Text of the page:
CHICAGO — It’s a game almost every manager plays at some point in the regular season: Whom do you trust in your bullpen? It’s a game that has found its way to Chicago Cubs skipper Joe Maddon’s office as he attempts to map out a strategy with his relievers that won’t blow up in his face.
With a collective 5.76 ERA and 1.65 WHIP for his relief staff since the All-Star break, Maddon hasn’t exactly been winning at that game lately. But whom can he trust? It doesn’t look like it’s righty Justin Grimm, at least right now. Grimm served up his ninth home run of the season Monday in just his 38th inning pitched.
“The stuff is good, just making mistakes with his fastball,” Maddon said after the 3-1 loss to the White Sox. “If you look at those nine home runs, I would bet they’re almost all on fastballs.”
Eight of those nine home runs have been against Grimm’s fastball, including Adam Engel‘s tie-breaking homer in the sixth inning Monday. Grimm says he is feeling really good, but until the results come, it’s hard for Maddon to win the “Whom do you trust?” game with Grimm on the mound. His ERA is 5.40 after the loss.
“In the big picture of things, I think it’s the long ball this year that makes [my ERA] look worse than it really is,” Grimm said.
What about 42-year-old Koji Uehara? Can Maddon trust him? Uehara was the clear set-up man during the first half, but Maddon will use the right-hander only in certain situations, especially when a team is susceptible to high fastballs. But Uehara has given up a home run in two of his past four appearances — including a solo shot to Matt Davidson on Monday — after surrendering only one long ball in the first half.
“He knows he has to be sharper,” Uehara said through his interpreter. “There’s nothing especially wrong, just needs to be better.”
Uehara has an 8.10 ERA in the 3 1/3 innings he has pitched since the second-half began, so cross him off for now as well.
Even closer Wade Davis is having his moments, despite a perfect record in save opportunities. He has a 4.50 ERA with four walks in four innings pitched since the break, but if Maddon can’t trust a guy who is 2-0 and 20-for-20 in save chances, whom can he trust? Davis should — and will — get the ball every chance Maddon has to give it to him.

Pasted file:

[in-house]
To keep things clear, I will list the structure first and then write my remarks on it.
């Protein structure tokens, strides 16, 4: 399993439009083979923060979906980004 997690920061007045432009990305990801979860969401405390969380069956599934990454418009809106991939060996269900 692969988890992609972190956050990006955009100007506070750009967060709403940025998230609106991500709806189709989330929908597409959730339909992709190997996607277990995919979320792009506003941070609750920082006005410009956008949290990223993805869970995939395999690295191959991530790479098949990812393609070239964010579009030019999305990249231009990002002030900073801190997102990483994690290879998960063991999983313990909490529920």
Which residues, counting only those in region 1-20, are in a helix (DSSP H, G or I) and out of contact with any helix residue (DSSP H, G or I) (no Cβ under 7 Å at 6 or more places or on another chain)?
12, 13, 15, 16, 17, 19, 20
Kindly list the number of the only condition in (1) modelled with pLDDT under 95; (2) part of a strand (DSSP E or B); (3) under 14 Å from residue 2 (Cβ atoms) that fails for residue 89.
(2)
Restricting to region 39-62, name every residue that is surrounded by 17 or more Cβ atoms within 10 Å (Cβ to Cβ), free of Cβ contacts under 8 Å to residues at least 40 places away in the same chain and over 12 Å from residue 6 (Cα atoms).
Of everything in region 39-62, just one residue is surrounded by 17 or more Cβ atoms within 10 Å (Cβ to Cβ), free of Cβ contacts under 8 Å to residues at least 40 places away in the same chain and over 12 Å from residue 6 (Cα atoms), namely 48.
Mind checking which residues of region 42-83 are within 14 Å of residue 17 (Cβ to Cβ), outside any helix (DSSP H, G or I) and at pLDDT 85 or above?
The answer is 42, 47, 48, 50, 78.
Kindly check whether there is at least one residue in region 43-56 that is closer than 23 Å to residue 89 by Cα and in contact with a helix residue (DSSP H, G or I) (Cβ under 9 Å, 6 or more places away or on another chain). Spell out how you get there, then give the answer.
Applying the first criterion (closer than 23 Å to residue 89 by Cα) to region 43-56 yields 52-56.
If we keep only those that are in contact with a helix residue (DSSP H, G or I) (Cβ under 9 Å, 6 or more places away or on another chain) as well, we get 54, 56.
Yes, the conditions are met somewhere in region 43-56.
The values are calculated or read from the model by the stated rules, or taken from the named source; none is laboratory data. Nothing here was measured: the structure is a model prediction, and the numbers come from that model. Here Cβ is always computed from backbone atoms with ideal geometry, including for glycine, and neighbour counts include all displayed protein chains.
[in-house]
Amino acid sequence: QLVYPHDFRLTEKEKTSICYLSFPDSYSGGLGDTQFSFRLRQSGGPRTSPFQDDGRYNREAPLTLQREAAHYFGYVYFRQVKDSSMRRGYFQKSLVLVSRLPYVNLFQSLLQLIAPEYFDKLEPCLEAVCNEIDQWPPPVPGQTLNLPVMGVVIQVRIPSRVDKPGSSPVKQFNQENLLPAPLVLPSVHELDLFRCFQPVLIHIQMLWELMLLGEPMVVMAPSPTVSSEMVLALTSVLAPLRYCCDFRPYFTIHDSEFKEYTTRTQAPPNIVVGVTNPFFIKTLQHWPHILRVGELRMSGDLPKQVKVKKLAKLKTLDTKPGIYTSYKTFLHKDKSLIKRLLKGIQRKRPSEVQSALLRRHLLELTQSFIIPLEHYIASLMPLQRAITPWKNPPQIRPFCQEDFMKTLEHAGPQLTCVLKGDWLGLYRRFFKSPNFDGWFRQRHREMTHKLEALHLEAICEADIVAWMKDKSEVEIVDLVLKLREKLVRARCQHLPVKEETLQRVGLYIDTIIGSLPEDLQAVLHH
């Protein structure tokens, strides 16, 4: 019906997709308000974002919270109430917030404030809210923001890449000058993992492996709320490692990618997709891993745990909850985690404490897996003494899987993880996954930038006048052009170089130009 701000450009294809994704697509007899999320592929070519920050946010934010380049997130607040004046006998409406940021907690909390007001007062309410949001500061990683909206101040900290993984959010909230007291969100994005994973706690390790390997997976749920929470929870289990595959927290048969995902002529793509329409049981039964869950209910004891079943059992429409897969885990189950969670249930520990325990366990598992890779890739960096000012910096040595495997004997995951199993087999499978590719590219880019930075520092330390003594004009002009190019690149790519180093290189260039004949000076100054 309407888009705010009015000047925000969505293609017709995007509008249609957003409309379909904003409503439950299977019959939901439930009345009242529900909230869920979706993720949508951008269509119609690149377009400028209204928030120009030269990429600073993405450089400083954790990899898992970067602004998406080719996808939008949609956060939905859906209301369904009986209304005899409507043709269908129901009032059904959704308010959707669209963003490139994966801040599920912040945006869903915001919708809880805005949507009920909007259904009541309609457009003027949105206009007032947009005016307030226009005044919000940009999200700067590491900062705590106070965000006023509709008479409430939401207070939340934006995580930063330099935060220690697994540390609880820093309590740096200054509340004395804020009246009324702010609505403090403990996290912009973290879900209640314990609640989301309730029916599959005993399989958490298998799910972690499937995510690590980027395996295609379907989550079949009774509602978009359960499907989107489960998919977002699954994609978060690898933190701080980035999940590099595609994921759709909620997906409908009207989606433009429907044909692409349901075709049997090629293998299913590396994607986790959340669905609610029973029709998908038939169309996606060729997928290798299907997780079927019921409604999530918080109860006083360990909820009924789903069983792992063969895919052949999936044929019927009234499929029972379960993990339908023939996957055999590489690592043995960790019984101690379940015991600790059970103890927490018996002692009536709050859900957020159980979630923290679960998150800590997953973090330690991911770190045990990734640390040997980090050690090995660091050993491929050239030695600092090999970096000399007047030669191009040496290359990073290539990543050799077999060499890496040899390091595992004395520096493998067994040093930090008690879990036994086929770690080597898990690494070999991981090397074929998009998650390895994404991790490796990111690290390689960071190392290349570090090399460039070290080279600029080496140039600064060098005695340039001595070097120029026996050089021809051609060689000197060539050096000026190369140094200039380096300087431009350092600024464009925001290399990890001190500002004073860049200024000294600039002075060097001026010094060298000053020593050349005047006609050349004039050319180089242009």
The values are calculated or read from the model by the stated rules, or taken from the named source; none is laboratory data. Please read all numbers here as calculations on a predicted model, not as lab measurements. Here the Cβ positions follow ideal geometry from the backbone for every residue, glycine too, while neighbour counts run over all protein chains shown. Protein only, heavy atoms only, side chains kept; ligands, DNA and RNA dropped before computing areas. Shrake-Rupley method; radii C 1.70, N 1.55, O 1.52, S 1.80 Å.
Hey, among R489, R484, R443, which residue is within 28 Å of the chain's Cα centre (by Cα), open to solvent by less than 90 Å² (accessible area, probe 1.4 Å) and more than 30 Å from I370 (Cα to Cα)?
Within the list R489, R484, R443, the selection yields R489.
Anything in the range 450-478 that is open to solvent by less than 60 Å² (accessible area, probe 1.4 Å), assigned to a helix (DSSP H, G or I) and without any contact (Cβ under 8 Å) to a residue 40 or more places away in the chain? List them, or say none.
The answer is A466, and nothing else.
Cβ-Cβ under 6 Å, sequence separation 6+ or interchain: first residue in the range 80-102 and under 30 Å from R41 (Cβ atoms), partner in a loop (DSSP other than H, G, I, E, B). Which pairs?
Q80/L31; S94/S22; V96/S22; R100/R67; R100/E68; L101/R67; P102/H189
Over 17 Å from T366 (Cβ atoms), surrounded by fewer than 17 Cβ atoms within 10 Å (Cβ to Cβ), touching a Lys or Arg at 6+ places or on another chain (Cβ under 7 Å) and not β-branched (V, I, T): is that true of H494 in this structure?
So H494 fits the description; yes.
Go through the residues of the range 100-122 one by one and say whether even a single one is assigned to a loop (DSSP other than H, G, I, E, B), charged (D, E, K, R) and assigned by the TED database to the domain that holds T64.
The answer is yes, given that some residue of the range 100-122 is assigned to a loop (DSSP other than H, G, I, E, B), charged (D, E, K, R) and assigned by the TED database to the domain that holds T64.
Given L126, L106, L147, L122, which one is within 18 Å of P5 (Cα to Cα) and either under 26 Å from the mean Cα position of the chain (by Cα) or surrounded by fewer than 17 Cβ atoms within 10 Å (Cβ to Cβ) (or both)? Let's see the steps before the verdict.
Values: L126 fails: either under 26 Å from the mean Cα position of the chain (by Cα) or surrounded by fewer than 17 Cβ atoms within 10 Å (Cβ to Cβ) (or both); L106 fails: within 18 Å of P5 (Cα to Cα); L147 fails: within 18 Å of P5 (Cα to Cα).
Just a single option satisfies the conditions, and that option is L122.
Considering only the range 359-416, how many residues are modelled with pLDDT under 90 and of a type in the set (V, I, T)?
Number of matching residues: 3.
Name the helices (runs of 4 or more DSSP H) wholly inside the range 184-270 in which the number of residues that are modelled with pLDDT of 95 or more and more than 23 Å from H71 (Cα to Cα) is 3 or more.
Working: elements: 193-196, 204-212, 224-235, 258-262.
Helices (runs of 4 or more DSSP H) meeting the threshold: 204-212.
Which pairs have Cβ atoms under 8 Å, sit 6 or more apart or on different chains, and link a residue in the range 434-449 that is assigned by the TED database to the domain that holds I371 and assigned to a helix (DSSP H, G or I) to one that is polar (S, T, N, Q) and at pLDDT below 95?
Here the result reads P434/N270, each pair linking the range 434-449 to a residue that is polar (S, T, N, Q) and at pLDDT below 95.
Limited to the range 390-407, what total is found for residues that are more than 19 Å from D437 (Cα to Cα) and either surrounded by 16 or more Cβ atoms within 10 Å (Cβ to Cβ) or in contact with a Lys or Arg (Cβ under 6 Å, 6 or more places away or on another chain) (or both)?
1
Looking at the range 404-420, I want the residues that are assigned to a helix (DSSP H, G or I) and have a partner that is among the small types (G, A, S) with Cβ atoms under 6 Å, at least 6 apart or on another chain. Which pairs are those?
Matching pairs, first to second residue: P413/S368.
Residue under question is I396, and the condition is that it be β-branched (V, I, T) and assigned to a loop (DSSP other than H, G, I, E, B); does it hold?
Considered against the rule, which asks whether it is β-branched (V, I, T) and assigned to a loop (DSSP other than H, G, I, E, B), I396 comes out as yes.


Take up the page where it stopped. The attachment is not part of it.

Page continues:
Perhaps Maddon can turn to an old face who has actually burned him in the past in the trust game. Righty Hector Rondon is all of a sudden hitting triple digits on the radar gun and looking like a former version of himself, one that dominated as a closer for the Cubs in portions of 2015 and 2016, though he had his trying moments in between.
“My mechanics are good,” Rondon said before Monday’s game. “I feel really good. Coming in the other day with the bases loaded [and giving up runs,] that pissed me off. So I came in [Sunday] and was more aggressive.”
According to ESPN Stats & Info, Rondon’s average fastball velocity before the break was 95.8 mph. It’s up to 97.4 since then, and his off-speed pitches are looking better as well. He’s a risk to trust, but Maddon needs someone to pitch those middle innings. Actually, the manager might need someone to pitch the later innings too, as Carl Edwards Jr. is another one who is being tested. He gets out of jams more often than not, but he continues to get into them as well. Six walks in four innings since the break begin to tell his story.
The two most trusted arms in the pen right now might be Brian Duensing and Pedro Strop. Strop moves back and forth from the “do not pitch” category, but Duensing has been as steady as anyone, as evidenced by his 2.57 ERA and just 10 walks in 42 innings pitched.
There’s one conclusion Maddon can make from playing the trust game: He can trust the front office to help him out down the stretch. With less than a week left before the non-waiver trade deadline, Maddon’s bosses need to give him a better chance to win the game and, subsequently, the division. Either a righty or lefty would work, but the bigger need seems to be coming from the right side — someone Maddon can plug into innings 6 through 8 if need be.
Otherwise, perhaps Grimm can work his way back into the trust category. He says his stuff is good, but it needs to show up on the mound as the Cubs battle for a third consecutive playoff appearance.
“For the most part, that’s probably the best I’ve felt, control-wise, since a couple years,” Grimm said. “On the bright side, that’s a positive note. There [are] things I’ve been working on the past couple of days to get on top of the baseball. Today I saw that really play out in a positive manner, for sure.
“If I do that over the next two months every time out, the results will take care of themselves. I thought I was really dominant today, other than one pitch.”
Can Maddon trust him?